This gallery contains 5 photos.
I’ve mentioned in previous posts that I adore combing antique stores for vintage items as a base for my fairy houses. In the spirit of handmade, I hate to purchase wood or framing from craft stores that buy in bulk overseas. It seems like the wrong way to start a project. One glorious Saturday I happened to stop by one of my favorite haunts, Carriage House Antiques, as they happened to be having a garden sale. Sitting in front of all these glorious flower pots, sections of fencing, and various baskets was a lonely, faded, unopened box housing a vintage Duracraft dollhouse. The box was pathetic and looked like it may have seen some water, so no one would touch it. It looked like this…I saw an opportunity, and snatched it up right away. I told one of the owners I was going to go home and assemble it today, and I believe she sort of snickered. Rightly so, because there was a lot of sanding and trimming involved. But the wood was in perfect condition, and was of a higher quality than any of the other dollhouses I had worked with.
I started thinking about the ideal fairy mansion, rich with detail and warm in color. I painted the outside a lovely chocolate, and papered the ground floor in brown leather. This awesome kit came with an unexpected bay window, a flower box, front steps, and detailed windows. These are things I didn’t even notice on the box, and was delighted to find! I deconstructed a vintage basket to replace some of the trim with (to give it a more authentic, woodland feel.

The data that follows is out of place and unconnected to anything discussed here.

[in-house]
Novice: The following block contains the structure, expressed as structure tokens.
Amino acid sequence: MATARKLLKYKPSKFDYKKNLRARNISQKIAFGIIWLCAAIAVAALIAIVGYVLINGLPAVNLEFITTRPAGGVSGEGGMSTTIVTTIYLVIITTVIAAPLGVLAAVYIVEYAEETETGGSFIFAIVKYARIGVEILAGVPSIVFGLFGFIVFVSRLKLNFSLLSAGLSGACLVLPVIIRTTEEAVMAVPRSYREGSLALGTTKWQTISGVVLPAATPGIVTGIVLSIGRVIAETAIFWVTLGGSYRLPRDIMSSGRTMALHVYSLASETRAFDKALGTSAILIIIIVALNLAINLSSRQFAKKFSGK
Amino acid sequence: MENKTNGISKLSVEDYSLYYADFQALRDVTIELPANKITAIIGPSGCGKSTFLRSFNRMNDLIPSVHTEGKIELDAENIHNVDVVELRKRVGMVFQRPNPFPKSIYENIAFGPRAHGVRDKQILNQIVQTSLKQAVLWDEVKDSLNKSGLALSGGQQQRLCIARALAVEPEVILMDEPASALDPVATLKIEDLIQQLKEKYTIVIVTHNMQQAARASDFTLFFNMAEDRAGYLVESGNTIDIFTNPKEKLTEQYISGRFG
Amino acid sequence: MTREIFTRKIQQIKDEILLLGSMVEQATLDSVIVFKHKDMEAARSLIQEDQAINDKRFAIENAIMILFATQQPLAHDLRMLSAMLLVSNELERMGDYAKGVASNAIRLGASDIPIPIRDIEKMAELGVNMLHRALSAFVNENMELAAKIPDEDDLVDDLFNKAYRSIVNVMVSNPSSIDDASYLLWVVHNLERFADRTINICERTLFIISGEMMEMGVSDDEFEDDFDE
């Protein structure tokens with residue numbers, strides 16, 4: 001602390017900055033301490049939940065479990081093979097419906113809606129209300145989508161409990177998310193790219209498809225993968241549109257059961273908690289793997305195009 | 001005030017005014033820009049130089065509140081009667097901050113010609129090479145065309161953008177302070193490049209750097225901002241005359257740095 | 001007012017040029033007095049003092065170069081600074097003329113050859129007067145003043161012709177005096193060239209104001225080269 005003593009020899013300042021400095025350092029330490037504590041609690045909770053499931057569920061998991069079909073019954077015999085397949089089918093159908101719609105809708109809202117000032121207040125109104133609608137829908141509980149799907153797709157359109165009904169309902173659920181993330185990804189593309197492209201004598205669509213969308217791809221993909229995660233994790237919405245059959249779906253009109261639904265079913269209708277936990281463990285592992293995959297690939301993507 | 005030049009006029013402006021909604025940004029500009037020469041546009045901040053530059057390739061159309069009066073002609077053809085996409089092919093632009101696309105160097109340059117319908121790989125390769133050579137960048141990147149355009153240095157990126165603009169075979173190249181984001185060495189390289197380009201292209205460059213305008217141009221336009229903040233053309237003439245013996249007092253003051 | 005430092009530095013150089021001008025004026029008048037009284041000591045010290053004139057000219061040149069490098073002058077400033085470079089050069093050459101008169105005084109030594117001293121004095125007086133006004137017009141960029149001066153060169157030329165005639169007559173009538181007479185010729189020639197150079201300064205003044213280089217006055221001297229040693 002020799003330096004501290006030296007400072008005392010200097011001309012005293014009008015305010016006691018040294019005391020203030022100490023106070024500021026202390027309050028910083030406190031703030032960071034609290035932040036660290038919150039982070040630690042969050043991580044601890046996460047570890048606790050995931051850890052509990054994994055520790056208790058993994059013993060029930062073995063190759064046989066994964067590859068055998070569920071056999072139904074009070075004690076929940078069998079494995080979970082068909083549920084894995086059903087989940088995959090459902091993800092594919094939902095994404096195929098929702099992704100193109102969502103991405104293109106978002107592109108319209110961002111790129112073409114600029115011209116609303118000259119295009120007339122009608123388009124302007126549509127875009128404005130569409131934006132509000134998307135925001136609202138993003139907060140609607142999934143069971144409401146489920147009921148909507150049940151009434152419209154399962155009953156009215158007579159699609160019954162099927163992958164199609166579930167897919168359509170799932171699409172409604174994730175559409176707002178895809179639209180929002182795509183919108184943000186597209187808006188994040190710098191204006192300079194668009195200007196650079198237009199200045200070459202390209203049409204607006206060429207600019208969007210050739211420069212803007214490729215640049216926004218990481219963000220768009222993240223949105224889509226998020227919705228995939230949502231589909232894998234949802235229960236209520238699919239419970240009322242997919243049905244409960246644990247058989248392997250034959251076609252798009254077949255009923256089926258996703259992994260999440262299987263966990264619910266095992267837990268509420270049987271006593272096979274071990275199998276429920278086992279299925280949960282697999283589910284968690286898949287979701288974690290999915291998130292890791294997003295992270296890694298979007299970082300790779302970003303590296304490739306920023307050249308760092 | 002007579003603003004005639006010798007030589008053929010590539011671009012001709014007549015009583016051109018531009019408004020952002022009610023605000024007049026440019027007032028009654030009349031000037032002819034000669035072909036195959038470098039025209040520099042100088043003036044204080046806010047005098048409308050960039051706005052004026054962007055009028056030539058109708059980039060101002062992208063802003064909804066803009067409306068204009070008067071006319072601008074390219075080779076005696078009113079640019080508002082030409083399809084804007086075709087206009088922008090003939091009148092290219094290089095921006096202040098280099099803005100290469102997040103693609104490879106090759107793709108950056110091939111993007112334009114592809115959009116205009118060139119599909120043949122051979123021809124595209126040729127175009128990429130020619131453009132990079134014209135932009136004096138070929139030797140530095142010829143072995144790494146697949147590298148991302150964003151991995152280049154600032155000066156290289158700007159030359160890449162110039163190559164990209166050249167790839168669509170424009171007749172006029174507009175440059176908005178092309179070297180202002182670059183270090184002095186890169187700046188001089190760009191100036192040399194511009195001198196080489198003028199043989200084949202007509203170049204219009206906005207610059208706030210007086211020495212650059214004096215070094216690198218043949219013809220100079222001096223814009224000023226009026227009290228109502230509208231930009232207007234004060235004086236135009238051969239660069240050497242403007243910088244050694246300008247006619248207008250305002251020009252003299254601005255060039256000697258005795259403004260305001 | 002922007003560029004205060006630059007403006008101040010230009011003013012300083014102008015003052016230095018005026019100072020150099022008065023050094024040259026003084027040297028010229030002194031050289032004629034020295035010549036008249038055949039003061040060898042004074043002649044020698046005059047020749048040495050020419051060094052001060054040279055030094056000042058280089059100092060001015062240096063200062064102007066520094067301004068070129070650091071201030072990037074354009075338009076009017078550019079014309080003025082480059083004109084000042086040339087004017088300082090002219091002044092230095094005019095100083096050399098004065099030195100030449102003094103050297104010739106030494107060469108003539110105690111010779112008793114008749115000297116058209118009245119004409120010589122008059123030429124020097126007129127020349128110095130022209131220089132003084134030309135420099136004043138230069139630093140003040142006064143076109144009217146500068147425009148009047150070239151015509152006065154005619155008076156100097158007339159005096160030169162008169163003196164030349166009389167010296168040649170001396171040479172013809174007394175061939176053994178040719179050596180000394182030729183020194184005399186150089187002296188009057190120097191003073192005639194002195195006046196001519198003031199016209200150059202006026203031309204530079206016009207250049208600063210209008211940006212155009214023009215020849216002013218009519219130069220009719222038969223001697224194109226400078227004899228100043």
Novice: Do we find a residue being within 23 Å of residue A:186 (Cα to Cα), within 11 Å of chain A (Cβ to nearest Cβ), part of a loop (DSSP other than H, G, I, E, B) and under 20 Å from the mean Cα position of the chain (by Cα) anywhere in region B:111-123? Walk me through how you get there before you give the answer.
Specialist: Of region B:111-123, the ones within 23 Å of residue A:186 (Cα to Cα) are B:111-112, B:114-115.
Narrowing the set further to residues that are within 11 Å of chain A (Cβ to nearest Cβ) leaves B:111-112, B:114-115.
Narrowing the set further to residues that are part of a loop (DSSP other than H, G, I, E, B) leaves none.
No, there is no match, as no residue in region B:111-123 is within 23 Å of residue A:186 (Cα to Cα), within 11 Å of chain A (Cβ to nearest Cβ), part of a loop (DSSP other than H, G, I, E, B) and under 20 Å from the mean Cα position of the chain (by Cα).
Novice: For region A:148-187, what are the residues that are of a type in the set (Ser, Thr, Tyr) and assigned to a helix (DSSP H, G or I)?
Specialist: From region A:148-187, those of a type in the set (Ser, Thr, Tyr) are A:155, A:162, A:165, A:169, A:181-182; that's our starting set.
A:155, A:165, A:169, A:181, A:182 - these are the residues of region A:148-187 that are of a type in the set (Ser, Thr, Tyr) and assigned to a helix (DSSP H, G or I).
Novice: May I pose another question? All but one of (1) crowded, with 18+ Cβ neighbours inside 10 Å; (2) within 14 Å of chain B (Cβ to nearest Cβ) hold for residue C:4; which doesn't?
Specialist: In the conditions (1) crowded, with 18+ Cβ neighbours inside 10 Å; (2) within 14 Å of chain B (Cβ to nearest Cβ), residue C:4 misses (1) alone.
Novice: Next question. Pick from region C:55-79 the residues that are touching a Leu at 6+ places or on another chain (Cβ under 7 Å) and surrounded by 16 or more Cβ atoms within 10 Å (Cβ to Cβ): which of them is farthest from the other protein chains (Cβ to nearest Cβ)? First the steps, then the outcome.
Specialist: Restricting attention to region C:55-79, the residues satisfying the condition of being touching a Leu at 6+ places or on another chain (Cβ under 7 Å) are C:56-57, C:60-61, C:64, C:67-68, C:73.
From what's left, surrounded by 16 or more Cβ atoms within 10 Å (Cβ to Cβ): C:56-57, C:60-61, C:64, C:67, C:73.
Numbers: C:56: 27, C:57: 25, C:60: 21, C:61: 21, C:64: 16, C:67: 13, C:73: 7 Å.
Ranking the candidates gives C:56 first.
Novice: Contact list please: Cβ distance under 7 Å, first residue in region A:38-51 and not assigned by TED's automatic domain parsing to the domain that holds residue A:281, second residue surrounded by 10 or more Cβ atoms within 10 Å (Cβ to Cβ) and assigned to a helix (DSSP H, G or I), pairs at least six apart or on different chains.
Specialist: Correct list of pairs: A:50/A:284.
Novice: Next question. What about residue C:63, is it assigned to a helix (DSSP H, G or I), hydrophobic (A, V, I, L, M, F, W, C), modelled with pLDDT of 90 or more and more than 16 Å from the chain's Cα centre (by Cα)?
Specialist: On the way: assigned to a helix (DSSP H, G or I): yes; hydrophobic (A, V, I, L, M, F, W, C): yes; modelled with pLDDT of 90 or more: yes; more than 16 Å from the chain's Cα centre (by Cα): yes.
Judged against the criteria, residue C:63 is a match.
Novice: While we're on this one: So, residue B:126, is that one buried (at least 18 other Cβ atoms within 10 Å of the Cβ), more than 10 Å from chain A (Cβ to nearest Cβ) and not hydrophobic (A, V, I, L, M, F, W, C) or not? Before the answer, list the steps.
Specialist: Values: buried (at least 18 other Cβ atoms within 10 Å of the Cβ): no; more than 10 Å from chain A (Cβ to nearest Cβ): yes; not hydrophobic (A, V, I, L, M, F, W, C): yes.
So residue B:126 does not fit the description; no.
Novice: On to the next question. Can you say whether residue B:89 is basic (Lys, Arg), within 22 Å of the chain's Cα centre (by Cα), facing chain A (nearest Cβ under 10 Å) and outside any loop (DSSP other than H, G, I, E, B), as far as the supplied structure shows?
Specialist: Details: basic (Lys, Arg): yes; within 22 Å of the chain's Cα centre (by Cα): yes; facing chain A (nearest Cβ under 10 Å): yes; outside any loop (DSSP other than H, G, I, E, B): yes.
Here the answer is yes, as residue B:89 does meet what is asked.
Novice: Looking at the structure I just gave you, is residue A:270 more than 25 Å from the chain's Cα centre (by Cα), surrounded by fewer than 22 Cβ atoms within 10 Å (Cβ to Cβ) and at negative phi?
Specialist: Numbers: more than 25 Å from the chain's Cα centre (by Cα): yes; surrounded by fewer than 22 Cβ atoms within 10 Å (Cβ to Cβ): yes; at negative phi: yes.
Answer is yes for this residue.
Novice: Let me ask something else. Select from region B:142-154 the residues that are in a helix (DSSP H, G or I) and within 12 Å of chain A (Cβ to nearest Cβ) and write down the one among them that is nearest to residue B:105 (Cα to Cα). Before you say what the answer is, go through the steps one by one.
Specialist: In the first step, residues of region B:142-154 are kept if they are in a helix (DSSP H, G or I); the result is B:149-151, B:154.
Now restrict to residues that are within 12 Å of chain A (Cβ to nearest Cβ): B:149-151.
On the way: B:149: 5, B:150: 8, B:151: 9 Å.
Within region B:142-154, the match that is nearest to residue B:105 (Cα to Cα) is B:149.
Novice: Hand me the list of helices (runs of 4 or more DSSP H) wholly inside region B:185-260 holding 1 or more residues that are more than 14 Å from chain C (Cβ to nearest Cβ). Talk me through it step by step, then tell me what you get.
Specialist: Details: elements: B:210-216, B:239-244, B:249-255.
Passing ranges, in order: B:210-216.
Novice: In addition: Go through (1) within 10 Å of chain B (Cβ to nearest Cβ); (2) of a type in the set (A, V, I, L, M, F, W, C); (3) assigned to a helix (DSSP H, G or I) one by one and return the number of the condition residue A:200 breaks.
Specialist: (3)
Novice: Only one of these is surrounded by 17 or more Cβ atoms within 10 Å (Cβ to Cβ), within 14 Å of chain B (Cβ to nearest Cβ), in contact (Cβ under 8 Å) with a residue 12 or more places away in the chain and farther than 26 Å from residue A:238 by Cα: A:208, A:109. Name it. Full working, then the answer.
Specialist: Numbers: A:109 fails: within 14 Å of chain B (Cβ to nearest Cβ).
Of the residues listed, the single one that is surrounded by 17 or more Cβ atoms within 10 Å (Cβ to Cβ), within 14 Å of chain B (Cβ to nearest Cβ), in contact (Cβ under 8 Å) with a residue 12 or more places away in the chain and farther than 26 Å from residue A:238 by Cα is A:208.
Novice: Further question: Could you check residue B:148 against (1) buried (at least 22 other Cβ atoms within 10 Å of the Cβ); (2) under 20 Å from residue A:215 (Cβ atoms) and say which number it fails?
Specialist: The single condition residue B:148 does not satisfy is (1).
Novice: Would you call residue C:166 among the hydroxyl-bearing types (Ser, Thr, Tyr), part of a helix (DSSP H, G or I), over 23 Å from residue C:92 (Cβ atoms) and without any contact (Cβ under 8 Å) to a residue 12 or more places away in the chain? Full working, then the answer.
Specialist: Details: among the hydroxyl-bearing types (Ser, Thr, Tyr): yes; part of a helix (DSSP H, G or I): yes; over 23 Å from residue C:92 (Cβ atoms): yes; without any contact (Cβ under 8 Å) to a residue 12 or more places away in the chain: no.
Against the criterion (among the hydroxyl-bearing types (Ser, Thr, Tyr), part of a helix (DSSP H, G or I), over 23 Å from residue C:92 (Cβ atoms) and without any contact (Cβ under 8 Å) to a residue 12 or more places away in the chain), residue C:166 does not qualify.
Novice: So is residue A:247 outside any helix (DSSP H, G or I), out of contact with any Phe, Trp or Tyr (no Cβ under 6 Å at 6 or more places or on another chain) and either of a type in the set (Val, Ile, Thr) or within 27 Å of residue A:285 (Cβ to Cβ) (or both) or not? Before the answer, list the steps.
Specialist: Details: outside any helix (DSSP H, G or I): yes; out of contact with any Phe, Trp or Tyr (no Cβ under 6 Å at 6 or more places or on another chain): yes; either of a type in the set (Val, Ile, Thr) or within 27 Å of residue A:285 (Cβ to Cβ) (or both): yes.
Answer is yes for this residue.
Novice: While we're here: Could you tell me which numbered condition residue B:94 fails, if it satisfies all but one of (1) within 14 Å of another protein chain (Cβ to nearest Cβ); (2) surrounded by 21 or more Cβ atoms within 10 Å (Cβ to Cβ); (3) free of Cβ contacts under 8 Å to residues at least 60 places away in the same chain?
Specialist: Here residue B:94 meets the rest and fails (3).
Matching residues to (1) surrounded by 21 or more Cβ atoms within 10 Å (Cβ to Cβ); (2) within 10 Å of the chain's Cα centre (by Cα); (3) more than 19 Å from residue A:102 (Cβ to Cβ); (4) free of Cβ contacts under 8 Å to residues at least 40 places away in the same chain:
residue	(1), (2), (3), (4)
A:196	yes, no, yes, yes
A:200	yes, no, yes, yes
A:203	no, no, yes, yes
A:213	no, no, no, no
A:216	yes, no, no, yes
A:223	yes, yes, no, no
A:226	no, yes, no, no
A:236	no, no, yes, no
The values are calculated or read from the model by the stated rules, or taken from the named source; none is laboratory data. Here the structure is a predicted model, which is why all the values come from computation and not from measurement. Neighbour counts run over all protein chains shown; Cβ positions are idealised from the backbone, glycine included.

The result is something I am extremely proud of! It was painstakingly time consuming, but hopefully will be well loved and become a family heirloom. I know that my daughter was eyeing it, but is a little to young to keep this fairy dream house. Whomever gets to choose the furnishings will be in for a treat:)
This home is for sale in my Etsy shop at https://www.etsy.com/listing/242610307/cottage
I am obsessed with miniature worlds. I think it can be attributed to a combination of factors, the charm and orderliness of the tiny, that small spaces can be extremely ornate without appearing ostentatious, and that themes look totally plausible when they are small enough. I also adore the fact that small spaces are almost impossible to “mess up”, a battle that is constantly being fought in my home between my daughter, husband, and I. Here are some of the rooms I spent painstaking hours on. I hope their appearance soothes your soul in the same way the do to mine:)